Ads attributed to “Solasta Finance”, promoting the BBC TV programme Clique, were seen on 7 March 2017.
a. A website, www.solastafinance.co.uk, promoted Solasta Finance, referred to job opportunities at the company, and included staff profiles.
b. a Facebook page referred to recruitment opportunities at Solasta Finance. It also included links to articles about women in the workplace, alongside posts containing aspirational images and motivational messages associated with the business world. It included a link to the website.
c. a Twitter feed @solastafinance contained similar content to ad (b).
d. an Instagram feed contained similar content to ad (b).
The complainant challenged whether the ads were obviously identifiable as a marketing communication.
The British Broadcasting Corporation t/a BBC (BBC) stated Clique was a BBC3 drama which focused on two female university students getting involved with the mysterious company Solasta Finance and examined issues such as sexism, feminism and capitalism. The series debuted on 5 March 2017 and concluded on 9 April 2017.
The advertising materials were not initially explicitly branded as being BBC Three, and were intended to spark intrigue and maximise discussion about Solasta Finance and its ‘Women’s Initiative’, to engender discussion about some of the issues in the series.
The BBC said the unbranded phase of the campaign, when the connection to BBC Three was not made explicit, began on 19 February and lasted for five days. There was then a full ‘reveal’ with overt BBC Three branding and attribution. Before then the website featured a countdown clock (to the reveal date). If a user clicked on the countdown clock they were taken to the Clique programme page on bbc.co.uk, highlighting that the website was in fact linked to a BBC TV show.
Once the reveal was made, some posts resurfaced and new ones were created to clarify that Solasta Finance was linked to a TV show. All of the relevant social media content, both before and after the reveal, was linked via the campaign hashtag “#doyouhavewhatittakes”. They said the online content complained of was a very small part of a much bigger on-air and off-air marketing campaign for Clique. The campaign included TV trailers and press activity and lasted for six weeks.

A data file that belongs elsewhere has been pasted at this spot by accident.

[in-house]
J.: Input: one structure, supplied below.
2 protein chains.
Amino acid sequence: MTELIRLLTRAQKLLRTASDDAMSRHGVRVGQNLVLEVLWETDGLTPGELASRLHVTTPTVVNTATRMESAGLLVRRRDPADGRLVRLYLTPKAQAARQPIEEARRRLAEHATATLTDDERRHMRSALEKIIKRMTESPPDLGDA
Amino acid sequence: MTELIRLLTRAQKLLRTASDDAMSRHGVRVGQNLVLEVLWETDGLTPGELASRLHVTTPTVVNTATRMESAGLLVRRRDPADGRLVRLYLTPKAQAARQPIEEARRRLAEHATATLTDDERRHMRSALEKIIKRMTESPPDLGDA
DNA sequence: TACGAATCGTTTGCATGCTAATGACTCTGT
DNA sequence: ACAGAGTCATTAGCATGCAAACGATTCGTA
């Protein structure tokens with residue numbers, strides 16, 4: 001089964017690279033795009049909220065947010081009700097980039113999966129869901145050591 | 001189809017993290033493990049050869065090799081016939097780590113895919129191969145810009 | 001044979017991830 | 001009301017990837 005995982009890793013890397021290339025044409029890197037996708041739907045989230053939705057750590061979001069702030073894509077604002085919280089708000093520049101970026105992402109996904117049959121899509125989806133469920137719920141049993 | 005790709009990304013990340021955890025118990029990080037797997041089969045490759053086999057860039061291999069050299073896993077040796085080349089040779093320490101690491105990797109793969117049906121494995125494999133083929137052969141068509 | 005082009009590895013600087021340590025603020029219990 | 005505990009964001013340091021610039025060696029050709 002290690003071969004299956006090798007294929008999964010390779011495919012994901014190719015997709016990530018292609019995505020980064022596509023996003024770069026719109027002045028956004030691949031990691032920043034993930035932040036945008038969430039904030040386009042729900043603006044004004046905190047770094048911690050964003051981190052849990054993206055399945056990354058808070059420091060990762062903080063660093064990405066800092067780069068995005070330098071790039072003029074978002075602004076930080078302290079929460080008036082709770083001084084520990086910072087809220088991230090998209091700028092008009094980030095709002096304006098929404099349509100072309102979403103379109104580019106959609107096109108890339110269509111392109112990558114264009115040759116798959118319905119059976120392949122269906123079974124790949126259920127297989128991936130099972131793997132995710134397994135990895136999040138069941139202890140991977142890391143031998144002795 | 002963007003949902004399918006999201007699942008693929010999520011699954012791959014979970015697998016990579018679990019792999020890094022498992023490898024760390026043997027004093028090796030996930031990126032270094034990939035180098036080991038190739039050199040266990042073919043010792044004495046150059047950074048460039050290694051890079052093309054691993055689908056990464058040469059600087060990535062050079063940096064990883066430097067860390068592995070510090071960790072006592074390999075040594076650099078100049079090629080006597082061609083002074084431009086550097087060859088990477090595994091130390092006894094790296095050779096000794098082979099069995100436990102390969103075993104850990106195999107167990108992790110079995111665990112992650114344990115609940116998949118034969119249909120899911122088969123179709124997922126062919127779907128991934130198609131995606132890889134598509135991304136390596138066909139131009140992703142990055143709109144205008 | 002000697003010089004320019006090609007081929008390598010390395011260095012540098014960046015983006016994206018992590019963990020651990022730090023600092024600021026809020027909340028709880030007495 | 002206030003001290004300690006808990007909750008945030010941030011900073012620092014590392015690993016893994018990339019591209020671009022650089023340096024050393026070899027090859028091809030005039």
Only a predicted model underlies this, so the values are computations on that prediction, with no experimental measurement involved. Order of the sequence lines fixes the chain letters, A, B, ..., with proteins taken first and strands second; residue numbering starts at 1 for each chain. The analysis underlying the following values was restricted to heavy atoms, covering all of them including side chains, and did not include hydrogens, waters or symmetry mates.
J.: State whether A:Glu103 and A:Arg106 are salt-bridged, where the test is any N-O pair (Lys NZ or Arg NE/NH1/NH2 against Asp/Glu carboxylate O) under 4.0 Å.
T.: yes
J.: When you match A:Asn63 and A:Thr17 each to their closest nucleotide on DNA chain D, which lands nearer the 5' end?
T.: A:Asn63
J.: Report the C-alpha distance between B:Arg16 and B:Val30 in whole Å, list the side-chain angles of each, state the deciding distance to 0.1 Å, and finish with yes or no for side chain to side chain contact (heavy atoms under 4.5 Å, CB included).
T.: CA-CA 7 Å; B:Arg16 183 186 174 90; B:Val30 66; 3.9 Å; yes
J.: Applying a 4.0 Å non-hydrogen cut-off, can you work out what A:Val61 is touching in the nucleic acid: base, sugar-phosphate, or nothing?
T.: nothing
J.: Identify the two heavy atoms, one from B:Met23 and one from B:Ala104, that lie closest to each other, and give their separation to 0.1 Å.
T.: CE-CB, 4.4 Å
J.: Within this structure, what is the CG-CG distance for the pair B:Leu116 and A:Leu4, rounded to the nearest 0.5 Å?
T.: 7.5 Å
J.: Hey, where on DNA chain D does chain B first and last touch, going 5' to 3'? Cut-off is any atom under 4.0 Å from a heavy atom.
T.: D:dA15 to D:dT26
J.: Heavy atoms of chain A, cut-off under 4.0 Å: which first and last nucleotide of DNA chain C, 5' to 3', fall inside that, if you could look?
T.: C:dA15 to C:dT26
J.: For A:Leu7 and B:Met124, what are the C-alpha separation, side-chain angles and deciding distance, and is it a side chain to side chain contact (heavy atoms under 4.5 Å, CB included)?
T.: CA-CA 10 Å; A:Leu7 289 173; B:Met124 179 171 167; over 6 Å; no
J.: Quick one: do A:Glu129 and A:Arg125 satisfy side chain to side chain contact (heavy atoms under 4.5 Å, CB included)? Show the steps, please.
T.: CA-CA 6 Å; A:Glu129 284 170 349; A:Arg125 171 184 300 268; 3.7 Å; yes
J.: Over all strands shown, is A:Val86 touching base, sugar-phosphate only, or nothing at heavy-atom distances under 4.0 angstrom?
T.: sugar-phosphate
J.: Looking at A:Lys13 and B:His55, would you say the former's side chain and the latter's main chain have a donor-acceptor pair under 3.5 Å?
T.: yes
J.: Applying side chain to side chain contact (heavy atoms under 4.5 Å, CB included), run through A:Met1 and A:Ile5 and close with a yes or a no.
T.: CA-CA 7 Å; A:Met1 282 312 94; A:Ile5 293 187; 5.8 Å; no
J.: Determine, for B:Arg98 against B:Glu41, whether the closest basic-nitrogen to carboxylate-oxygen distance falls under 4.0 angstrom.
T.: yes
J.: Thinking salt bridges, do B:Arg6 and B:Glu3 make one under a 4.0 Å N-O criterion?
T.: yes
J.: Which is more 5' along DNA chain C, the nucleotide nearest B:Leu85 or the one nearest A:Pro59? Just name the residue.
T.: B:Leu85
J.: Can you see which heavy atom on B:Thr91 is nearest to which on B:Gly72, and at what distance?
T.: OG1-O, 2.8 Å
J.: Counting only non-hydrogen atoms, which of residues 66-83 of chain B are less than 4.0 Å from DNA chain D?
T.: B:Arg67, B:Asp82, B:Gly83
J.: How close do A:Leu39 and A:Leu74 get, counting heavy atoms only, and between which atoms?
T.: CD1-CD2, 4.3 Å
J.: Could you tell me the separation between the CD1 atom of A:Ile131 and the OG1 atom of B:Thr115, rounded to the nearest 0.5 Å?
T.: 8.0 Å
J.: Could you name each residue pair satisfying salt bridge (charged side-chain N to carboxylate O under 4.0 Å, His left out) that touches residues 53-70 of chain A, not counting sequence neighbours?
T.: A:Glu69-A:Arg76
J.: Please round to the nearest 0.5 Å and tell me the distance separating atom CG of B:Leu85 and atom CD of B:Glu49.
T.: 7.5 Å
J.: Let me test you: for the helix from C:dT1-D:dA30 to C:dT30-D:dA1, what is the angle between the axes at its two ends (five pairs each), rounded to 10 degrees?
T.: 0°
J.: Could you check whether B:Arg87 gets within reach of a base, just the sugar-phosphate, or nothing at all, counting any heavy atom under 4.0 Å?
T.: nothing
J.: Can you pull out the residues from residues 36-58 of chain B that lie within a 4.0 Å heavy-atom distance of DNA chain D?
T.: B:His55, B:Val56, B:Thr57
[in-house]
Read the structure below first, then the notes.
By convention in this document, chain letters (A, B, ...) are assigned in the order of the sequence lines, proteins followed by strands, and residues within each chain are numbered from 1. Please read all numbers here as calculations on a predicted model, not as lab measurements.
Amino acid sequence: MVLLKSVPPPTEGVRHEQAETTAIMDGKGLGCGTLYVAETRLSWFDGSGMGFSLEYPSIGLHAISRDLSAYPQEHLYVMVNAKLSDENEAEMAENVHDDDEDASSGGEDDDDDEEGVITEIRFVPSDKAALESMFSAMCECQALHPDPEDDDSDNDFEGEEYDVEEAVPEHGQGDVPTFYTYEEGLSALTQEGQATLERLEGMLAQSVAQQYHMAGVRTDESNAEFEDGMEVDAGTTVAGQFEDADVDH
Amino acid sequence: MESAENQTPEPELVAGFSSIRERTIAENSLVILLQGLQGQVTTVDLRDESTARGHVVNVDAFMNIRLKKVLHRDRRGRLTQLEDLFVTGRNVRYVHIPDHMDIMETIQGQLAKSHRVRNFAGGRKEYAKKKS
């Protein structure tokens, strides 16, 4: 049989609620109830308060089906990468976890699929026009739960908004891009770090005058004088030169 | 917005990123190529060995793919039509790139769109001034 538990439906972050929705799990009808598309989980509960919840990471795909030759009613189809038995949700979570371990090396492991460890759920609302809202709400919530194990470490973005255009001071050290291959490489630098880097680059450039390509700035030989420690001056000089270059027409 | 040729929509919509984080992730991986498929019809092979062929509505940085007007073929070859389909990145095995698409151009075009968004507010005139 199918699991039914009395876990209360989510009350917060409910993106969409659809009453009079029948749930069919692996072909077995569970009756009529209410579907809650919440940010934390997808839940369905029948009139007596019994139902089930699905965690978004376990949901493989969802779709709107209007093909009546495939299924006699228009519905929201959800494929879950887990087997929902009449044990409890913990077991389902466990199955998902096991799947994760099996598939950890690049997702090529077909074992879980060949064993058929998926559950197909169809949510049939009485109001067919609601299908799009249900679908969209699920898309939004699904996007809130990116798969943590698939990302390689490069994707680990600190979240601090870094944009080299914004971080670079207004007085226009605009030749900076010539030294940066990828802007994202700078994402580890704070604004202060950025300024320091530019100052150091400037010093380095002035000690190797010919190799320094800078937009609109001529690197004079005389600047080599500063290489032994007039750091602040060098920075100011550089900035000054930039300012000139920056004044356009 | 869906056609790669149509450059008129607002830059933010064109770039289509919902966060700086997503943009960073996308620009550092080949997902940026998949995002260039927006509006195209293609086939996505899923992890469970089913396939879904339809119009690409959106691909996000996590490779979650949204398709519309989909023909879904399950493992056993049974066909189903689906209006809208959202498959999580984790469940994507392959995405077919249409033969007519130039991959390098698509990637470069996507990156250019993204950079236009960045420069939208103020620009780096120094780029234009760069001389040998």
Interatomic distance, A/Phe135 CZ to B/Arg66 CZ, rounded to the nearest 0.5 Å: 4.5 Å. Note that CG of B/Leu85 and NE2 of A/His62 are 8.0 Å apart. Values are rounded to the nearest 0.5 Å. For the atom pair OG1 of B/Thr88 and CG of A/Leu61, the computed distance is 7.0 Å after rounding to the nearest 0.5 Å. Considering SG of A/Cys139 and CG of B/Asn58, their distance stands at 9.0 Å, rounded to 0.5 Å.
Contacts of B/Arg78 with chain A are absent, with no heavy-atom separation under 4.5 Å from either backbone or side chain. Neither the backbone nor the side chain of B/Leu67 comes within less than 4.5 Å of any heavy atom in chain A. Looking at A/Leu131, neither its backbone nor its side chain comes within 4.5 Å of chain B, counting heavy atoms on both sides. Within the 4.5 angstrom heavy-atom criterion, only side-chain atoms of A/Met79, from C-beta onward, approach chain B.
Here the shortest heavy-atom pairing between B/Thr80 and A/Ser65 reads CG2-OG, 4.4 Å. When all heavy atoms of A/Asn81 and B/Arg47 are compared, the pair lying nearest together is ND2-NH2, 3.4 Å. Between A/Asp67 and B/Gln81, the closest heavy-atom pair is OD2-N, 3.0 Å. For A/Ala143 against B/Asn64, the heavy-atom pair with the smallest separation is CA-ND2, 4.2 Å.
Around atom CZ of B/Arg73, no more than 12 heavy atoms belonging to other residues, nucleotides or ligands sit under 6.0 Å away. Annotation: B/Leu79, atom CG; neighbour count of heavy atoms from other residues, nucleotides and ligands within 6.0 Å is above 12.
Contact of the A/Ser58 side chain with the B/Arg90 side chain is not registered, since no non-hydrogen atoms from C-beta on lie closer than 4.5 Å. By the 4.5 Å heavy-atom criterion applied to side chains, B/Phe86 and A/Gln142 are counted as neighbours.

They added that they built a number of “clues” into the creative used in the unbranded part of the campaign to heavily hint to audiences that Solasta Finance was not a genuine company, and that the notices posted on social media and the Solasta Finance website were not all they might seem. The “clues” included the appearance of a well-known television actress playing the lead role in the Solasta Finance recruitment video, the use of glitches and special effects in the videos and the theatrical rhetoric of the scripts. They also pointed out that much of the content was presented as advertising for Solasta, so while the BBC Three connection might not have been explicit at the outset, they believed it would still have been identified as marketing of some form by the intended audience.
They added that the BBC received no complaints about any aspect of the Clique marketing campaign via the BBC’s formal complaints system which received, on average, in excess of 200,000 complaints per year.
The ASA acknowledged that the ads in social media released at the start of the campaign did not expressly refer to BBC3 or expressly indicate that the ads related to a TV drama. We understood, however, that the social media accounts linked to the Solasta Finance website (ad a), which in turn linked to the Clique programme page on the BBC website.
We considered that ads for Solasta Finance placed after the 'reveal' on 24 February, and which contained BBC branding, would be understood to relate to a BBC TV show.